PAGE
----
R. Nicholas Burns is professor of the practice of diplomacy and international politics at the Harvard Kennedy School and director of the future of diplomacy project and faculty chair for the programs on the Middle East and on India and South Asia. He serves on the board of directors of the school's Belfer Center for Science and International Affairs and on the boards of several nonprofit organizations. Ambassador Burns served in the U.S. Foreign Service for twenty-seven years until his retirement in April 2008, serving variously as undersecretary of state for political affairs, U.S. ambassador to NATO and Greece, and State Department spokesman. He was senior director for Russia, Ukraine, and Eurasia affairs on the National Security Council and special assistant to President William J. Clinton and, before that, director for Soviet affairs in the George H.W. Bush administation. He also served at the U.S. consulate in Jerusalem and the U.S. embassies in Egypt and Mauritania. He has received the Secretary of State's Distinguished Service Award, Johns Hopkins University's Woodrow Wilson Award for Public Service, and Boston College's Alumni Achievement Award. He has a BA from Boston College and an MA from the Johns Hopkins School of Advanced International Studies.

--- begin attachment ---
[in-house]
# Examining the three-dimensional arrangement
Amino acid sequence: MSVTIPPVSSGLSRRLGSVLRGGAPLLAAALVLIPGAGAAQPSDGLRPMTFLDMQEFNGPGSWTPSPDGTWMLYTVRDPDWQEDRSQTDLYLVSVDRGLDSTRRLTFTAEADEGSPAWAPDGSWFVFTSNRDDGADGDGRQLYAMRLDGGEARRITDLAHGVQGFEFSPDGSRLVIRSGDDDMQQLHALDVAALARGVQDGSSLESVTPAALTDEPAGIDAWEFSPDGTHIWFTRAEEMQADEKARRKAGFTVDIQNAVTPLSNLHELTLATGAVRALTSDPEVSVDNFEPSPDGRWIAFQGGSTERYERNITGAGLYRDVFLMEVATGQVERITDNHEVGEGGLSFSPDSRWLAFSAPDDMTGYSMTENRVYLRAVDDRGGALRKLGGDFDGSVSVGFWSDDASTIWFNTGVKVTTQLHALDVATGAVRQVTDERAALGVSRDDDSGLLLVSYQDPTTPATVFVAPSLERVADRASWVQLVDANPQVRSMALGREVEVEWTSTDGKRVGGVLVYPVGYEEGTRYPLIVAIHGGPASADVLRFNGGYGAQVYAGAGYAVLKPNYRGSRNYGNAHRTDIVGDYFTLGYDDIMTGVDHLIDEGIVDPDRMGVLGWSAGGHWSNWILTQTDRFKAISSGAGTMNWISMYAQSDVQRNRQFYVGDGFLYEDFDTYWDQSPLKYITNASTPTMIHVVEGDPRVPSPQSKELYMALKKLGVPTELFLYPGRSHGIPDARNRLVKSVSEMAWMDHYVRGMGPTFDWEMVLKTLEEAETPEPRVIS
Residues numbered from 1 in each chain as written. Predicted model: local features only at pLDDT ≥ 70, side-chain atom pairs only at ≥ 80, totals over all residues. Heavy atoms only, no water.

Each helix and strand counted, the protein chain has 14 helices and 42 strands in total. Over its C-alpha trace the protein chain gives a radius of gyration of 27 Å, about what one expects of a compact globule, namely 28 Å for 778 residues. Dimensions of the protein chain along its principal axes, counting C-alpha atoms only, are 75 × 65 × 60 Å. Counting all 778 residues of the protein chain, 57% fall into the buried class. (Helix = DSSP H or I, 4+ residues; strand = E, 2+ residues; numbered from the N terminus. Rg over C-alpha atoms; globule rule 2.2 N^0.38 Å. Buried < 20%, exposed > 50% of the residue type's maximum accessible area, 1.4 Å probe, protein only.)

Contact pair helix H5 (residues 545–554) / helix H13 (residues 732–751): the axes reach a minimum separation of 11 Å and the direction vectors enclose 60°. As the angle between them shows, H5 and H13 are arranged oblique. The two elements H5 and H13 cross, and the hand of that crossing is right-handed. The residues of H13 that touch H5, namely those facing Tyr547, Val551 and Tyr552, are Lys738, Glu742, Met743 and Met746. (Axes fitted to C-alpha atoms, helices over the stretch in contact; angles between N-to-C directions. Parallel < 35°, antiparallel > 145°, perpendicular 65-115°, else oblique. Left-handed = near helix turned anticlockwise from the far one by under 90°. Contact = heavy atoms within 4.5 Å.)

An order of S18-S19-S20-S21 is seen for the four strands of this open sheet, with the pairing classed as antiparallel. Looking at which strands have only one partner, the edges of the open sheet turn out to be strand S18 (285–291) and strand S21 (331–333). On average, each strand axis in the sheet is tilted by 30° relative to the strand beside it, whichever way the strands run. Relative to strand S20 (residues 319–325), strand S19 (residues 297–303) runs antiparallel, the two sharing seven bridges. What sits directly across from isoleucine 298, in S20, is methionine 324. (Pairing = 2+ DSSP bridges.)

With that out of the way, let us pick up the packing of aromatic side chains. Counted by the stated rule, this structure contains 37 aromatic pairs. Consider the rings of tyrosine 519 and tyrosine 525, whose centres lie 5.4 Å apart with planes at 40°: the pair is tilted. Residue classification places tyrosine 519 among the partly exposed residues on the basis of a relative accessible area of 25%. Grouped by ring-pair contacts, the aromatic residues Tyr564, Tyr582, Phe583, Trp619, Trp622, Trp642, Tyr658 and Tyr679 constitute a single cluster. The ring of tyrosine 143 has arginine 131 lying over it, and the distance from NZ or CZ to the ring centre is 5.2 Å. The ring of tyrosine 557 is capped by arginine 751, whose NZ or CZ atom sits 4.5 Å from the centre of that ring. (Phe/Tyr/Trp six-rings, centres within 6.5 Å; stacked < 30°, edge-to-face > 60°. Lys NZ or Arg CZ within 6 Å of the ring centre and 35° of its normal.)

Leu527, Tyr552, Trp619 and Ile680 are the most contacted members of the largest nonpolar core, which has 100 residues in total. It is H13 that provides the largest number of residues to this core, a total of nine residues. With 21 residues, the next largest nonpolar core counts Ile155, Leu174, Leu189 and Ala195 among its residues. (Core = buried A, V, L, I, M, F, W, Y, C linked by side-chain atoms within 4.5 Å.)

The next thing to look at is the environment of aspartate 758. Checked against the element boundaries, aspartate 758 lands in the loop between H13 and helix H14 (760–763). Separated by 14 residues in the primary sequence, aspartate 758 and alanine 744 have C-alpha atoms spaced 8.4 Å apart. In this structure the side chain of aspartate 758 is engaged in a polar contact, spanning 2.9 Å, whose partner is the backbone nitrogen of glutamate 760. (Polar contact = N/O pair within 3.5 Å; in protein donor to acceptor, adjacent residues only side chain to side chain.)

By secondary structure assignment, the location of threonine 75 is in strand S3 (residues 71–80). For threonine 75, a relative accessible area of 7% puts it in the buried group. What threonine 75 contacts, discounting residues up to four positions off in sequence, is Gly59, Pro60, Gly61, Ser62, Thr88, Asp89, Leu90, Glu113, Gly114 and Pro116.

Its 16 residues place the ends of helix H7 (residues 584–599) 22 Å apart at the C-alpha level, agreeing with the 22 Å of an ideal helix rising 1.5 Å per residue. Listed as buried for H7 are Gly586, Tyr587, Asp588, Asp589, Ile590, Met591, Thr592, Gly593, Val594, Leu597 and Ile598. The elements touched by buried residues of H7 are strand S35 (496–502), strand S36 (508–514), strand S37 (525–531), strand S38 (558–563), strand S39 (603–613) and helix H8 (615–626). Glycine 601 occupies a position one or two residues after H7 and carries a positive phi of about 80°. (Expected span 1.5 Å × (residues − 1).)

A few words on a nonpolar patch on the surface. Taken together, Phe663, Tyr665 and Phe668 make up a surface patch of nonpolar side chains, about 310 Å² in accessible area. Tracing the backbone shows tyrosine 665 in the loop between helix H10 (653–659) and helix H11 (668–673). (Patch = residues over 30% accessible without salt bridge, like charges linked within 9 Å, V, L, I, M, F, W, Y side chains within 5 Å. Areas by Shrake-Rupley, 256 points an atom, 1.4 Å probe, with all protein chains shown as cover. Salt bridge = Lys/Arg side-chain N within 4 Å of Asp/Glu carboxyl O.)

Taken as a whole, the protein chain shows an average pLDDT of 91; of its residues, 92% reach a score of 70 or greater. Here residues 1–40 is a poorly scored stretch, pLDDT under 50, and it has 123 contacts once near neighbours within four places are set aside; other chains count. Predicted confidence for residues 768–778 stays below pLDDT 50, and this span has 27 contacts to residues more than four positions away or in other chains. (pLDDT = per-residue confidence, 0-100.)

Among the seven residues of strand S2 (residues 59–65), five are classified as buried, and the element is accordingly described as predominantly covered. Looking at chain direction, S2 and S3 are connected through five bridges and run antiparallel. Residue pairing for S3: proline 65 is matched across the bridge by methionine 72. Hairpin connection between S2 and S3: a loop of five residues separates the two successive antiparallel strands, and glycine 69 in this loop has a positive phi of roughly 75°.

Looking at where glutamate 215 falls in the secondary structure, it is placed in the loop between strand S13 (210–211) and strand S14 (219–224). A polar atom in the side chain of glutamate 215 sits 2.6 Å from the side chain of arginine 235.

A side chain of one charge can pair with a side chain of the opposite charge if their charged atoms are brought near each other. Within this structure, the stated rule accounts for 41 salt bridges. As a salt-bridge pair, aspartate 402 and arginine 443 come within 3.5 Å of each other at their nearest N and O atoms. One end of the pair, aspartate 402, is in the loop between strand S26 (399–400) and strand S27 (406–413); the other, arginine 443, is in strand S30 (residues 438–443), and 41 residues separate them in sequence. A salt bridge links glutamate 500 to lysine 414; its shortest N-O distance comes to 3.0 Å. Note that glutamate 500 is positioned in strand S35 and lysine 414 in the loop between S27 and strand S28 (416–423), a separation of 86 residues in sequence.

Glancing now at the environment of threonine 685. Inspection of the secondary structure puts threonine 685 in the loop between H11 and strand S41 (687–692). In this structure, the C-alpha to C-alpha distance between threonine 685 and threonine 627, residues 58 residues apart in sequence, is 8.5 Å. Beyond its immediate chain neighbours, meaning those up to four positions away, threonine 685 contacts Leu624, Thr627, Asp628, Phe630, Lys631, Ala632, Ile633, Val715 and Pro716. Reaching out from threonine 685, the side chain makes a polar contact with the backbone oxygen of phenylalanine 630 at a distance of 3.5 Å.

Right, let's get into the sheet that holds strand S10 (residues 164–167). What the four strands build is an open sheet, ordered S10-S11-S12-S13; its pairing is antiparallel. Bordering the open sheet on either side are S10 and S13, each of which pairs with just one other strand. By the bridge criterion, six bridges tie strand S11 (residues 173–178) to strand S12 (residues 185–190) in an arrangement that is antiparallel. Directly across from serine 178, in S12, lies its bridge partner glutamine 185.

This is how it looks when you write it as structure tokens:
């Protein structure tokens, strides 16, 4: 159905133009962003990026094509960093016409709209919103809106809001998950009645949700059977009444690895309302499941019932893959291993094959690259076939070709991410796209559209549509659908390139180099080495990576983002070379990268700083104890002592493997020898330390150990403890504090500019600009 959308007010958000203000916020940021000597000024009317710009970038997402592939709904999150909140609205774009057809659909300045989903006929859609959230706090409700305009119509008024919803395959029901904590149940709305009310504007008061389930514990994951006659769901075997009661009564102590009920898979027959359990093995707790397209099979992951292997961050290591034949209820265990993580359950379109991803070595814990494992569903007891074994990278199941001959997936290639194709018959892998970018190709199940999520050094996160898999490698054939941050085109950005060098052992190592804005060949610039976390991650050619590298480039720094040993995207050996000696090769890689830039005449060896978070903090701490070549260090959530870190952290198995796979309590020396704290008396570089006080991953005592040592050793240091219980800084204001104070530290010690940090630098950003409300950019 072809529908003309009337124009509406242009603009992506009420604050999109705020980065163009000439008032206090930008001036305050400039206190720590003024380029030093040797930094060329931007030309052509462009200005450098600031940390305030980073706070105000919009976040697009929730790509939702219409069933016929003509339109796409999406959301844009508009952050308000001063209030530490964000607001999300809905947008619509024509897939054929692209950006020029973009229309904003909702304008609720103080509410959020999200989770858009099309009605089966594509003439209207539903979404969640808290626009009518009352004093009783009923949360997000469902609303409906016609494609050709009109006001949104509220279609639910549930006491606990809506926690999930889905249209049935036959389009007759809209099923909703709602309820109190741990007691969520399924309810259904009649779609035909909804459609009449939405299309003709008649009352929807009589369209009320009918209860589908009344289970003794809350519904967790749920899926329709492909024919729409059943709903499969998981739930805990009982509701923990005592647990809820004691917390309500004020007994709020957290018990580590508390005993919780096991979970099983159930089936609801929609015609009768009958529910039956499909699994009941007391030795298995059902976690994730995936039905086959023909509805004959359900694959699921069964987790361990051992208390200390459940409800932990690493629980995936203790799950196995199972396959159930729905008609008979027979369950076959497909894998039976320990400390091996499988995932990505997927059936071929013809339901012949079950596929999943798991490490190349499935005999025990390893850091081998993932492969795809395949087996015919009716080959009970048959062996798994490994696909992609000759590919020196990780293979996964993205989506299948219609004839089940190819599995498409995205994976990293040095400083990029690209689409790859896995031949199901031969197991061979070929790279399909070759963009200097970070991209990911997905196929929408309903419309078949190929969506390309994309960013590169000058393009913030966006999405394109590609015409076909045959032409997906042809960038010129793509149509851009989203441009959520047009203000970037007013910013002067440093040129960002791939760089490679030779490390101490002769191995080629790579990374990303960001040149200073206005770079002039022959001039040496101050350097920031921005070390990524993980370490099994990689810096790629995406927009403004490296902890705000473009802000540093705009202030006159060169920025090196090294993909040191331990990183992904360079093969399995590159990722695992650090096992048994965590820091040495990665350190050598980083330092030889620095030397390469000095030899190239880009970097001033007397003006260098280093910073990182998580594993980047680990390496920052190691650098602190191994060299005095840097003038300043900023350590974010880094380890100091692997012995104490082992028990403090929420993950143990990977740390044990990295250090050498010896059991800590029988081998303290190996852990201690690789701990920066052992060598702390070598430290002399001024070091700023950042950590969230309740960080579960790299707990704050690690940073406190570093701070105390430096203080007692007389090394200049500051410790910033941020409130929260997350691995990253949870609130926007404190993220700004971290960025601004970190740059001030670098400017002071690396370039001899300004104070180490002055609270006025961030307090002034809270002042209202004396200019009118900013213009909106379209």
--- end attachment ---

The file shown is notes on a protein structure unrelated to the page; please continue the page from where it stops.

Louis E. Caldera is the vice president of programs with the Jack Kent Cooke Foundation, where he leads the foundation's scholarship and grant programs and is responsible for the foundation's communications, information systems, program development, and evaluation functions. Caldera has a distinguished public service career that includes service as an officer in the U.S. Army, as a California legislator, as secretary of the army in the Clinton administration, and as president of the University of New Mexico. He also served in the Clinton administration as managing director and chief operating officer of the Corporation for National and Community Service. Prior to joining the Jack Kent Cooke Foundation, Caldera was a senior fellow at the Center for American Progress, a progressive think tank, where he focused on higher education, immigration, and other public policy matters affecting poor and ethnically and racially diverse communities in the United States. He served on President Barack Obama's Department of Defense transition team and was an assistant to the president and director of the White House Military Office in the early months of the Obama administration. Caldera is a graduate of the U.S. Military Academy at West Point and holds law and business degrees from Harvard University.